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NASA Shuts Down Its Last Mainframe Computer

Sittra Battle of the Marshall Space Flight Center shuts down NASA's last mainframe computer. Credit: NASA

NASA has just powered down its last mainframe computer. Umm, everyone remembers what a mainframe computer is, right? Well, you certainly must recall working with punched cards, paper tape, and/or magnetic tape, correct? That does sound a little archaic. “But all things must change,” wrote Linda Cureton on the NASA CIO blog. “Today, they are the size of a refrigerator but in the old days, they were the size of Cape Cod.”


The last mainframe being used by NASA, the IBM Z9 Mainframe, was being used at the Marshall Space Flight Center. Cureton described the mainframe as a “ big computer that is known for being reliable, highly available, secure, and powerful. They are best suited for applications that are more transaction oriented and require a lot of input/output – that is, writing or reading from data storage devices.”

An IBM 704 mainframe from 1964. Via Wikipedia

In the 1960’s users gained access to the huge mainframe computer through specialized terminals using the punched cards. By the 1980s, many mainframes supported graphical terminals where people could work, but not graphical user interfaces. This format of end-user computing became obsolete in the 1990s when personal computers came to the forefront of computing.

Most modern mainframes are not quite so huge, and excel at redundancy and reliability. These machines can run for long periods of time without interruption. Cureton says that even though NASA has shut down its last one, there is still a requirement for mainframe capability in many other organizations. “The end-user interfaces are clunky and somewhat inflexible, but the need remains for extremely reliable, secure transaction oriented business applications,” she said.

But today, all you need to say is, “there’s an app for it!” Cureton said.

About 

Nancy Atkinson is Universe Today's Senior Editor. She also works with Astronomy Cast, and is a NASA/JPL Solar System Ambassador.

Comments on this entry are closed.

  • Dave Finton February 14, 2012, 9:01 PM

    Mainframes as we knew them are dead, but the idea behind them is not. The monolithic approach to big computing has been replaced with a cheaper, more flexible parallel architectural model (aka “distributed computing”).

    • Sean Harlow February 14, 2012, 9:46 PM

      Agreed. As far as I’m concerned, when virtualization extensions hit the x86 platform allowing practically native-speed operation of virtual machines that was the death sentence to mainframes. Now you can run a critical application on a standard PC platform and be entirely tolerant of hardware failures. With the right options configured in your hypervisor, your application will simultaneously run identically on two different computers so if one goes down for whatever reason the other will be ready to instantly take over.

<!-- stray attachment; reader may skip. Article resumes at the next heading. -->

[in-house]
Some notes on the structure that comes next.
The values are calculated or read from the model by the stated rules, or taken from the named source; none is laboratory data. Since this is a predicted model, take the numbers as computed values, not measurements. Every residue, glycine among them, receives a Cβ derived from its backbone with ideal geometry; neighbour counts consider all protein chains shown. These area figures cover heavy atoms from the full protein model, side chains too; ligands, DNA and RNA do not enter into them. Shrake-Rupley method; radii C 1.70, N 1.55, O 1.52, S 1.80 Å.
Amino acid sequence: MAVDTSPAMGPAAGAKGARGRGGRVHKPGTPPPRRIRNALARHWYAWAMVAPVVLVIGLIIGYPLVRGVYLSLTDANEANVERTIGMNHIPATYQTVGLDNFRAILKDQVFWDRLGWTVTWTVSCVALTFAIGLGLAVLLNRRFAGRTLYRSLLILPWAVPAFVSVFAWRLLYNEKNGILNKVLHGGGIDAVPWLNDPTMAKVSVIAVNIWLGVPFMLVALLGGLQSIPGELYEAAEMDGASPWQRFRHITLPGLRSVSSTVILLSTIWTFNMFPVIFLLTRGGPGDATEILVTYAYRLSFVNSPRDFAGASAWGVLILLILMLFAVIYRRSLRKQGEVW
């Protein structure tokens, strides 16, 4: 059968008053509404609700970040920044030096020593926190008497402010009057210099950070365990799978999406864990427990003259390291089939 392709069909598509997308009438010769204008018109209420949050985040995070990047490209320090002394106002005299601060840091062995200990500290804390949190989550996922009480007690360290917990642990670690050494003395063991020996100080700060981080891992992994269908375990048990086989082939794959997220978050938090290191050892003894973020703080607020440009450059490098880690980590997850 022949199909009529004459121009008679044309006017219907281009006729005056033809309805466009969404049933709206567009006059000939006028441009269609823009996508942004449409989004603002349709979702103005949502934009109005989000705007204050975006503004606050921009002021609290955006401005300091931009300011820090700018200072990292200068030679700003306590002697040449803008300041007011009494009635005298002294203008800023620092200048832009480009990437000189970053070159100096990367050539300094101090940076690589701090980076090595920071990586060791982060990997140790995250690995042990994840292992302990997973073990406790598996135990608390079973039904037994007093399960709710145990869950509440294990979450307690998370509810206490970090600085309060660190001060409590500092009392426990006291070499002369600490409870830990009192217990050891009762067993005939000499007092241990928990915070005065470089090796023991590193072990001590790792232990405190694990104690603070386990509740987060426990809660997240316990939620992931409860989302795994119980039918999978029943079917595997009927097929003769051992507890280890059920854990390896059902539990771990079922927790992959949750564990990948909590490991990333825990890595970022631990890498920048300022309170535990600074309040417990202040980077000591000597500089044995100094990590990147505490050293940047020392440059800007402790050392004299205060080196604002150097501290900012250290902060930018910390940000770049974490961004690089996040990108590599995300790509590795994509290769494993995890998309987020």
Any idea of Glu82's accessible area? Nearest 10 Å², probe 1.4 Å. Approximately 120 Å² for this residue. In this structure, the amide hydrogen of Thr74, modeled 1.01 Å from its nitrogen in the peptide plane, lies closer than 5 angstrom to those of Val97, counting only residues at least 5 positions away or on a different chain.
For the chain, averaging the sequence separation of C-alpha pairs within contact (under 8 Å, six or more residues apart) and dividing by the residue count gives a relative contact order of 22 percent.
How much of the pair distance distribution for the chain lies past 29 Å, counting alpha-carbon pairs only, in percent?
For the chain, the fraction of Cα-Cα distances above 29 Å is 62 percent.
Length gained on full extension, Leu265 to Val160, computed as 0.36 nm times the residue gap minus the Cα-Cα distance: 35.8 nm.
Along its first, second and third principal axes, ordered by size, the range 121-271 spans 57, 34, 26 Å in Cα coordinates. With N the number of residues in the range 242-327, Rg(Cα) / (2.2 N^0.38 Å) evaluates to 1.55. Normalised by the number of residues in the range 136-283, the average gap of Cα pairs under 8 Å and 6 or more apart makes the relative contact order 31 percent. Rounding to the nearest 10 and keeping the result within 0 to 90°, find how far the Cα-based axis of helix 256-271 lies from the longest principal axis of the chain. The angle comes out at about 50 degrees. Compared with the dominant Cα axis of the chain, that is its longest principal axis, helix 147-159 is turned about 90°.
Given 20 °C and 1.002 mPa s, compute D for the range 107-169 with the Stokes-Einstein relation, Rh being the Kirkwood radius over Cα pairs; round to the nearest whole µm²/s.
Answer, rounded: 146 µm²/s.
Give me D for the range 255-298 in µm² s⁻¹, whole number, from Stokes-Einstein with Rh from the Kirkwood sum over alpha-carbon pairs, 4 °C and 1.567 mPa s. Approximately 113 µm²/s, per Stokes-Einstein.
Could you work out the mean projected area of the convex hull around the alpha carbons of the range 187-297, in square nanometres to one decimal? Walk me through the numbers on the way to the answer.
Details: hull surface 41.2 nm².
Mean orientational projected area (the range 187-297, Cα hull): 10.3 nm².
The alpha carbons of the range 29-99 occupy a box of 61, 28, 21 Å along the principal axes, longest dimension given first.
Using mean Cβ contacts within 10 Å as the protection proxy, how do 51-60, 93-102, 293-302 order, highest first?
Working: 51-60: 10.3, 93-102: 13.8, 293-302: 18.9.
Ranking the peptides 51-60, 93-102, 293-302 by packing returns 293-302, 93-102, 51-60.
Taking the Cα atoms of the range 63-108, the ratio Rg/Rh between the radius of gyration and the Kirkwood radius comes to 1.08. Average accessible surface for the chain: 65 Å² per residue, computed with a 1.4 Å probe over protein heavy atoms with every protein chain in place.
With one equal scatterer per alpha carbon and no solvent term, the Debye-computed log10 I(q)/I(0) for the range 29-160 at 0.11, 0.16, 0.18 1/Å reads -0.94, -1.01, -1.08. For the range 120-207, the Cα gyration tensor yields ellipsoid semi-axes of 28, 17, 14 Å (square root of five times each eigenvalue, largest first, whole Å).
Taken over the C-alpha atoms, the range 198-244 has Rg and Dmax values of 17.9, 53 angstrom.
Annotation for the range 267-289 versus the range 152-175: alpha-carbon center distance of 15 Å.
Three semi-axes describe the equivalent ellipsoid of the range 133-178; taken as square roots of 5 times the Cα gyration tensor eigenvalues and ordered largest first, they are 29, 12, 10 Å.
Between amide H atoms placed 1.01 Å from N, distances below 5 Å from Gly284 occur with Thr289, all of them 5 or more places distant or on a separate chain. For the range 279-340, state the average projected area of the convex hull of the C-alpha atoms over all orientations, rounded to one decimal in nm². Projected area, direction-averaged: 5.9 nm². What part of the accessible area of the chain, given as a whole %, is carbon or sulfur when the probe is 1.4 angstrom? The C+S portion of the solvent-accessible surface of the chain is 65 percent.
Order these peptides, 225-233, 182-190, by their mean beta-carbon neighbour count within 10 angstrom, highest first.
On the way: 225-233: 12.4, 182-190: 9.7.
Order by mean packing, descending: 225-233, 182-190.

It’s functionality that requires expensive licensing from the perspective of a PC builder, but in comparison to mainframe system costs it’s a drop in the bucket.

      • Lloyd Croad February 15, 2012, 12:01 PM

        Some Telco hardware has a similar approach; twin processors receive identical input, run the same programme, but only one’s output is used. A hardware comparator identifies any difference in the outputs, makes a 50/50 guess and swaps processors. At least the other is up with the play. (Unfortunately you can end up with “I don’t know, do you know? No, I don’t know do you know?” hung scenarios occasionally.) Uh, reload, uh, change cards. Telcos require pretty high reliability, but if I was on the way to Mars I would like more reliability than that accepted for the reduction of risk that money could be lost.

  • Ken Lord February 14, 2012, 4:14 PM

    it’s a shame how much the words NASA and Shutdown seem to go together lately.

  • Anonymous February 15, 2012, 7:59 AM

    is this for good or bad or just a regular upgrade?

    • Lloyd Croad February 15, 2012, 12:08 PM

      It is like credit rating, if you have never borrowed you have no credit rating and can’t borrow. If you have no Netpresence , you you have no credibility and cannot post.
      It is the death of individualism, and an ominous trend.

      • zetetic elench February 15, 2012, 2:15 PM

        ha! you sound a bit like Yossarian there- but he was trying to get OUT of something.

        what a topic for a history book though, computers at NASA.

  • Roy Jackson February 15, 2012, 2:20 PM

    I can remember this like it was yesterday, Wow! how time flies…

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